Trying new wine can be a wondrous experience. It can also be a disaster. You go to your local wine shop and immediately become overwhelmed with the choices. So how do you try a new wine without wasting money and running afoul of your taste buds?
The best solution is to go to a wine tasting event! Sounds simple right? But then who knows how to taste wine anyways? Are you supposed spit it out? Swallow? What’s this whole sniffing and swirling the wine in your glass about? Don’t worry; we’re going to break it down for you.
Mind Over Palate
Before you even get started, you have to be in the right frame of mind to really appreciate a wine. You can’t drink it like you would a cocktail or when you’re boozing with your friends. You have to take your time to actually taste it. This is a conscious decision you have to make. Open your mind to the experience and the flavors and you will enjoy it much more.
For you to properly taste a wine you can’t have any other flavors left in your mouth. Try not to smoke, chew gum or have any other sweetness or sourness in your mouth before you begin. Eat a cracker or a piece of bread to cleanse your palate before you get started. You could also rinse your mouth with water. No mints or mouthwash either.
OK! Now that we’ve got that out the way, let’s get to the drinking part.
5 Guidelines to Tasting Wine
If you look hard enough, you can see the flavors in your glass. Hold your glass up to the light and… Ok. You can’t see the flavors, but you can tell a few things by looking at your wine. If you tilt your glass against a white or light background you can tell how old your wine is. Also you can tell if it’s going bad, characterized by haziness in the liquid.
Older, mature wines will differ in hue from young ones. With red wines, if you see a bright ruby or purplish color, then you are looking at a young wine. If you see pale orange, garnet or brown, then you have a good indication that the wine is old. The older the red wine, the lighter it gets.
White wines are just the opposite. A hue of light yellow or green is the mark of a young wine. If you see more orange, brown or dark gold, then you have an older wine. The older the white wine, the darker it gets. For rose wines a bright pink or salmon color indicates a younger wine; whereas a dark orange or brown indicates age. The same concept for red wines applies here (darker = older).
2. Swirl The Glass
This is really simple. 1. Pick up the glass. 2. Lightly swirl the glass. 3. That’s it.
Be easy here. Too many people do this part either wrong or excessively. Last thing you want to do is spill perfectly good vino on your perfectly tailored suit, her dress, the table or the floor. Spin the wine in your glass by rotating your wrist. It aerates the wine and releases the aromas present in the wine.
3. Take A Sniff
Ok. Now remember, this is a sensory process. You have to get your nose as close to the wine without actually touching the wine as possible. You can take several quick sniffs or take a deep breath. It’s really a matter of personal preference.
The whole point to smelling a wine is to understand its aromas. They can be light or intense, fruity or mineral. Do you notice any flaws such as oxidation? Does your wine smell like flowers and/or fruits or more like butter and/or vanilla? This can give you a good indication of the grape varietal; if it is been aged in oak; if it went through malolactic fermentation, etc.
Take a small amount of wine into your mouth. Make sure you work with the wine for several seconds in your mouth before you swallow or spit it. Drawing air into your mouth is a good technique to intensify the flavors present in a wine, because they are in fact aromas that you taste through your retro nasal passage. Similar to when you smell something and then there’s a hint of that flavor on your tongue.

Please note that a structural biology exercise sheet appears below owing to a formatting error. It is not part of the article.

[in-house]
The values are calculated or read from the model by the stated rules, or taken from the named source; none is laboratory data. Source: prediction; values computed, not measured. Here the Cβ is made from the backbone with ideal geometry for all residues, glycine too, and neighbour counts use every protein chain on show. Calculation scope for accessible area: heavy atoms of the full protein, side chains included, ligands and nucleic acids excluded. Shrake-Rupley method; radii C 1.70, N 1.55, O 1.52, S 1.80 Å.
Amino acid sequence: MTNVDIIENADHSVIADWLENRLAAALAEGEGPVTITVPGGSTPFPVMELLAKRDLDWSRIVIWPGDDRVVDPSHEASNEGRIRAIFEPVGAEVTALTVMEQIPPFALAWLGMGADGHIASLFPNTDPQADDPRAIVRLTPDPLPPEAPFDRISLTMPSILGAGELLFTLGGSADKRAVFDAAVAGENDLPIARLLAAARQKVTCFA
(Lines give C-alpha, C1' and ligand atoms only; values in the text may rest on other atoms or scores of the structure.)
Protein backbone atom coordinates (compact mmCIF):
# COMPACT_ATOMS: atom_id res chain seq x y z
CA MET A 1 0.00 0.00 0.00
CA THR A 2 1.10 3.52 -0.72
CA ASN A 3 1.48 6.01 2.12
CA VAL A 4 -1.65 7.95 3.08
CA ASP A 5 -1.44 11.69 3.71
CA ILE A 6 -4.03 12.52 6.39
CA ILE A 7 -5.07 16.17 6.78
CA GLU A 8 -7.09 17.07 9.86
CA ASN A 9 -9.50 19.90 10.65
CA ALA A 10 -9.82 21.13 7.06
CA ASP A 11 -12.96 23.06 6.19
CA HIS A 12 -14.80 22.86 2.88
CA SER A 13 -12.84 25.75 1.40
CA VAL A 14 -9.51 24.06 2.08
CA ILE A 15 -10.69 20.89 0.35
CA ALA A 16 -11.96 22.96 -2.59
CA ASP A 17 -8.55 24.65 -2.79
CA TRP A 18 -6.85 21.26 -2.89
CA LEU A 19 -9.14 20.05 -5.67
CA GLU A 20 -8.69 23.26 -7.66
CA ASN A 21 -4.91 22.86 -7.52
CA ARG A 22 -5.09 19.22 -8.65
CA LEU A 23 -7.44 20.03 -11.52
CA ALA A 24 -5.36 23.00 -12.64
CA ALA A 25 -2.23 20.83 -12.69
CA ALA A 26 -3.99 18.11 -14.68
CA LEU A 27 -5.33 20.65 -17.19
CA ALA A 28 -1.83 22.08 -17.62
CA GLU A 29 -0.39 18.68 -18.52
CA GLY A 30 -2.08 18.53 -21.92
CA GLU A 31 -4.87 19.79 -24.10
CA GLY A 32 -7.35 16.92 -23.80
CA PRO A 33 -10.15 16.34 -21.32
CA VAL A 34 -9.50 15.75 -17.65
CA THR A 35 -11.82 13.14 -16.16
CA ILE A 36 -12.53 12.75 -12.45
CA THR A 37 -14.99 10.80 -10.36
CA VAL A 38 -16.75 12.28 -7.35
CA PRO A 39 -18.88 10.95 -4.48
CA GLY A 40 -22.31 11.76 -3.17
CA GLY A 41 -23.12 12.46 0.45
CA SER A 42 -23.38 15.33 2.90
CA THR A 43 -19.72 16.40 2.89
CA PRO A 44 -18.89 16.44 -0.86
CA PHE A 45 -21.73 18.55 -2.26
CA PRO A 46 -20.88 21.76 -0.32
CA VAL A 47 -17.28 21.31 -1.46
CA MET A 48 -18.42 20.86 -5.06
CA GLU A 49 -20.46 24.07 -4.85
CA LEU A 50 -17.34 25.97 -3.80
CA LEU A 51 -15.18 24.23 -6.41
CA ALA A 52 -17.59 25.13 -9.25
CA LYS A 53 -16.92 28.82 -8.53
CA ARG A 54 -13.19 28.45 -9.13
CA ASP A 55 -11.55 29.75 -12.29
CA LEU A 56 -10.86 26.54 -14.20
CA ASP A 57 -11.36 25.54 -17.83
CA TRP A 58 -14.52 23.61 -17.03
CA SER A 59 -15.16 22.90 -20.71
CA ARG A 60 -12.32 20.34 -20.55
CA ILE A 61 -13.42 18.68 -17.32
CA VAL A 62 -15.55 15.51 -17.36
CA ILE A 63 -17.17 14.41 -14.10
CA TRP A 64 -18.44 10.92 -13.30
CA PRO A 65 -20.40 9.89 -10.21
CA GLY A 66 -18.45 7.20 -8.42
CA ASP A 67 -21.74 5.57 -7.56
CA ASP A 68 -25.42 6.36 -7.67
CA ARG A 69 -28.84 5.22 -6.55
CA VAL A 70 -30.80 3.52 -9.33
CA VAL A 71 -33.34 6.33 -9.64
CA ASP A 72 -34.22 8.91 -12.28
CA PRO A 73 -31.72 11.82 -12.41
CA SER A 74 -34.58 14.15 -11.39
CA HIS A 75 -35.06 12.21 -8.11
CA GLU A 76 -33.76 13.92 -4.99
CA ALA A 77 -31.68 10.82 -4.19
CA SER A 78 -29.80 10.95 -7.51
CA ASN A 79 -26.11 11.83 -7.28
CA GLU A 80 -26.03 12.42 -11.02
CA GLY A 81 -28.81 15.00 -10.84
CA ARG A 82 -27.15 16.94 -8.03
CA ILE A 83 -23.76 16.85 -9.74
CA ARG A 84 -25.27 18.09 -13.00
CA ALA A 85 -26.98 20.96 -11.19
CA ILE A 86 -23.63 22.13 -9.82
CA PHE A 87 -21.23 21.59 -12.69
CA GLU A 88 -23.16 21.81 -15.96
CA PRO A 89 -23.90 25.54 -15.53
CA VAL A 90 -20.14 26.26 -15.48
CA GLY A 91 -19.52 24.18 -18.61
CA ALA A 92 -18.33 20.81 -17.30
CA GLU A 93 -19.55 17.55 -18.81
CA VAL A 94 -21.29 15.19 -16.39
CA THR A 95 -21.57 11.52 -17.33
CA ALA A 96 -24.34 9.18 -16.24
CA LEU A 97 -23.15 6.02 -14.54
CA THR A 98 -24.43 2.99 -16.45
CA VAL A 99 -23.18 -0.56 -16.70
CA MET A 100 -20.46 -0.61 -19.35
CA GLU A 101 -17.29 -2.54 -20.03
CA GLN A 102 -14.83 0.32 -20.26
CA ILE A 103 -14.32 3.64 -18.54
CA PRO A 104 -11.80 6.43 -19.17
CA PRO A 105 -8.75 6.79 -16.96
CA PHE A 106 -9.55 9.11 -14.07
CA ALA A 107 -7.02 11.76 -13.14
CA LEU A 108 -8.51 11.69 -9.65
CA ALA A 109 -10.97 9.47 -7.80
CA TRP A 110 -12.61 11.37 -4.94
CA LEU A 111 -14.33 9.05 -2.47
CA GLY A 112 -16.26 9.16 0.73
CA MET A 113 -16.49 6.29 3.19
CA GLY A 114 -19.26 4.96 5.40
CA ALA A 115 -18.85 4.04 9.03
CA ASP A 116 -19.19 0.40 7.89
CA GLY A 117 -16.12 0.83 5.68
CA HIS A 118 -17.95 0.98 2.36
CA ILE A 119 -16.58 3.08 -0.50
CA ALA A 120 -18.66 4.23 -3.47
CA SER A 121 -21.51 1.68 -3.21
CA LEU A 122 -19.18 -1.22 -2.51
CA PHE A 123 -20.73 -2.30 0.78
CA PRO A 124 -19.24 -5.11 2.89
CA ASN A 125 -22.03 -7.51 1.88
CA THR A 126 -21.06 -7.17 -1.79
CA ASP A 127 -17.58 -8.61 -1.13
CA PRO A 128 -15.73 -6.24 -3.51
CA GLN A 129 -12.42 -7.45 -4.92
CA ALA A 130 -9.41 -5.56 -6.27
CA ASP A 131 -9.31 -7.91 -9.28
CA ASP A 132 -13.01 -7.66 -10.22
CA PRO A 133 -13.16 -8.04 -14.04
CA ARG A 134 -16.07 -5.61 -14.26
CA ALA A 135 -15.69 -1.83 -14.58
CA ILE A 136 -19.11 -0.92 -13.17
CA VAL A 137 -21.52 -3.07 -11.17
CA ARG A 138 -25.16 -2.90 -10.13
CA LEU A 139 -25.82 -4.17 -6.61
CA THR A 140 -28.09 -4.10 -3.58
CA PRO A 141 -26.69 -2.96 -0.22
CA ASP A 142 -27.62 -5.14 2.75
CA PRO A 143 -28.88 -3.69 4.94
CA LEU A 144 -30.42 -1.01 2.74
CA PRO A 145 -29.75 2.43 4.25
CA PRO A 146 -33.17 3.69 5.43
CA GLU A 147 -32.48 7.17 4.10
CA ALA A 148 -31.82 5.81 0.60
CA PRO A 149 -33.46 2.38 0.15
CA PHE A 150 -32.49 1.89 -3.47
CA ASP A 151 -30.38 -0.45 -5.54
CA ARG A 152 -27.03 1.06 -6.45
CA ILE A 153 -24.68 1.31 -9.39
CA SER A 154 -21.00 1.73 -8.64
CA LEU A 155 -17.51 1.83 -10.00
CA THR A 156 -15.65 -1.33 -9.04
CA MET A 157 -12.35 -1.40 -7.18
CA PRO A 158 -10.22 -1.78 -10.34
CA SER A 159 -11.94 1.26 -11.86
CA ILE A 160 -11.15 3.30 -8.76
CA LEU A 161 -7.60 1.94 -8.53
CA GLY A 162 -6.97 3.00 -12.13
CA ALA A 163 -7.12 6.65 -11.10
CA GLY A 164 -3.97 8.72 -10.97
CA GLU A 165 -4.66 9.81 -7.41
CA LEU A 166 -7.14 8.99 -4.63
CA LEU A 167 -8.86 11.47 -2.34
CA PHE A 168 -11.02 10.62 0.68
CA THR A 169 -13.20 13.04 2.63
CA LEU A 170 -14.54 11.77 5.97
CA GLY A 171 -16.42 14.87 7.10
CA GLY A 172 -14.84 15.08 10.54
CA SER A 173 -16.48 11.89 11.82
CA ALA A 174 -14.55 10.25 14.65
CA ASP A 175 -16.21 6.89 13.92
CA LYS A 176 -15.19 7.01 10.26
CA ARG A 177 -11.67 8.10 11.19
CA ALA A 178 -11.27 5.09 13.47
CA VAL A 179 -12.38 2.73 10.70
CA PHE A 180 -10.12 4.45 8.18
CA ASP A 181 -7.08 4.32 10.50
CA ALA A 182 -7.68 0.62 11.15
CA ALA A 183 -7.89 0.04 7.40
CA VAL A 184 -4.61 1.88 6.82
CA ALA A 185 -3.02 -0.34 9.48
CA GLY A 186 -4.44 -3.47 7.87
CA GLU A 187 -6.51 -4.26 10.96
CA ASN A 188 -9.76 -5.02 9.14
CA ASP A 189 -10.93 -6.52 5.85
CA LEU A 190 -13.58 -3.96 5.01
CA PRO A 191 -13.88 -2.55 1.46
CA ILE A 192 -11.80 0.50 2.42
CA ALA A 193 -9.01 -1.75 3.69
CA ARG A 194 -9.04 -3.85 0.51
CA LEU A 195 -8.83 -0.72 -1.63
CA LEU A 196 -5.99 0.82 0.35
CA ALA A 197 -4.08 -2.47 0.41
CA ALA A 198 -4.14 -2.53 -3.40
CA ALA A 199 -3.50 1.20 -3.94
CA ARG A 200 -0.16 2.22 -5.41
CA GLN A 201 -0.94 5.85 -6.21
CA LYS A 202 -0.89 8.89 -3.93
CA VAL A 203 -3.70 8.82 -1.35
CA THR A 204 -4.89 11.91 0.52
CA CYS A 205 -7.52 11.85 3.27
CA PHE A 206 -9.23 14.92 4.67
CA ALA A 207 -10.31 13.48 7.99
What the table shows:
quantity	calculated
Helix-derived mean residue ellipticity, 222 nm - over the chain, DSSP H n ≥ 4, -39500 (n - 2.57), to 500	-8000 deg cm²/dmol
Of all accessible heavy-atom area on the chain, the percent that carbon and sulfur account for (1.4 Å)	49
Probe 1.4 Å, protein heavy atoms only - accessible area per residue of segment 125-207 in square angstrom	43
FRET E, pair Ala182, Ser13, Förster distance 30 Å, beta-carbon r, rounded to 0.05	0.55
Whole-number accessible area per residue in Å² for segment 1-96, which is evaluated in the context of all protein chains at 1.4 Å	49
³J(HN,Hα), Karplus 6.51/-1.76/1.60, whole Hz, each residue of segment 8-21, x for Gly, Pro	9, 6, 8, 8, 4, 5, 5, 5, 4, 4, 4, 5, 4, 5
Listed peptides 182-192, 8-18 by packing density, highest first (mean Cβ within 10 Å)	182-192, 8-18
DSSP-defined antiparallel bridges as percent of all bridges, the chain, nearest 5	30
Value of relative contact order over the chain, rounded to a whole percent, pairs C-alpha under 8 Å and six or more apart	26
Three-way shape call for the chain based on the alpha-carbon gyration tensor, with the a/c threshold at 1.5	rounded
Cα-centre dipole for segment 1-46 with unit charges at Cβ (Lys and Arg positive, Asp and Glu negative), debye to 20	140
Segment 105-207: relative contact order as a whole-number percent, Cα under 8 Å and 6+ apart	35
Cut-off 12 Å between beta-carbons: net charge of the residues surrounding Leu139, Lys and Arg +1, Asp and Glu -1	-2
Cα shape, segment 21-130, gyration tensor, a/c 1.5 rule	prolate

What you are able to feel in your mouth is actually the structural components present in a wine. The alcohol, sugar, acid, and tannins will give you different impressions.
You will also be able to tell the weight of the wine (whether it’s light or heavy), its texture, and its relative sweetness. Also you have to remember that different parts of the mouth represent the various senses of taste. For example, on the sides of your tongue are the areas most sensitive to sourness and acidity, while the tip of your tongue is registers sweetness, and tannins will be felt at the back of your tongue. This is why it is important to swirl the wine around in your mouth.
5. Spit or Swallow
After you are done with your taste you have two options. You can either swallow the wine or you can spit it (provided that the circumstances are appropriate for that). After you swallow (or spit) the wine, you will notice that you can still feel the flavors lingering in your mouth. The flavors of high quality wines will linger for several seconds, while in inferior wines, the flavors almost instantly fade away.
Before you move on to the next wine, you should take a sip of water to cleanse your palate. If none is available, then you can swish saliva around in your mouth a bit to remove the flavor from your tongue.
At this point (although it may take you several sips) you should be able to make a mental description of the wine. How complex were its flavors? How intense was it? Does the wine express the grape variety that it is made of? Are you able to tell where it comes from? And most important: was the wine balanced? An unbalanced wine is one that gives you the impression that it had too much (or too little) of something. Balance comes from any of the structural components of the wine (sugar, acid, alcohol, and tannin) and the excess (or lack) of any of them will result in an unpleasant experience.
So now you’re ready to try some new wines, analyze them and get a better understanding of why you like some wines versus others. Good luck and happy drinking!
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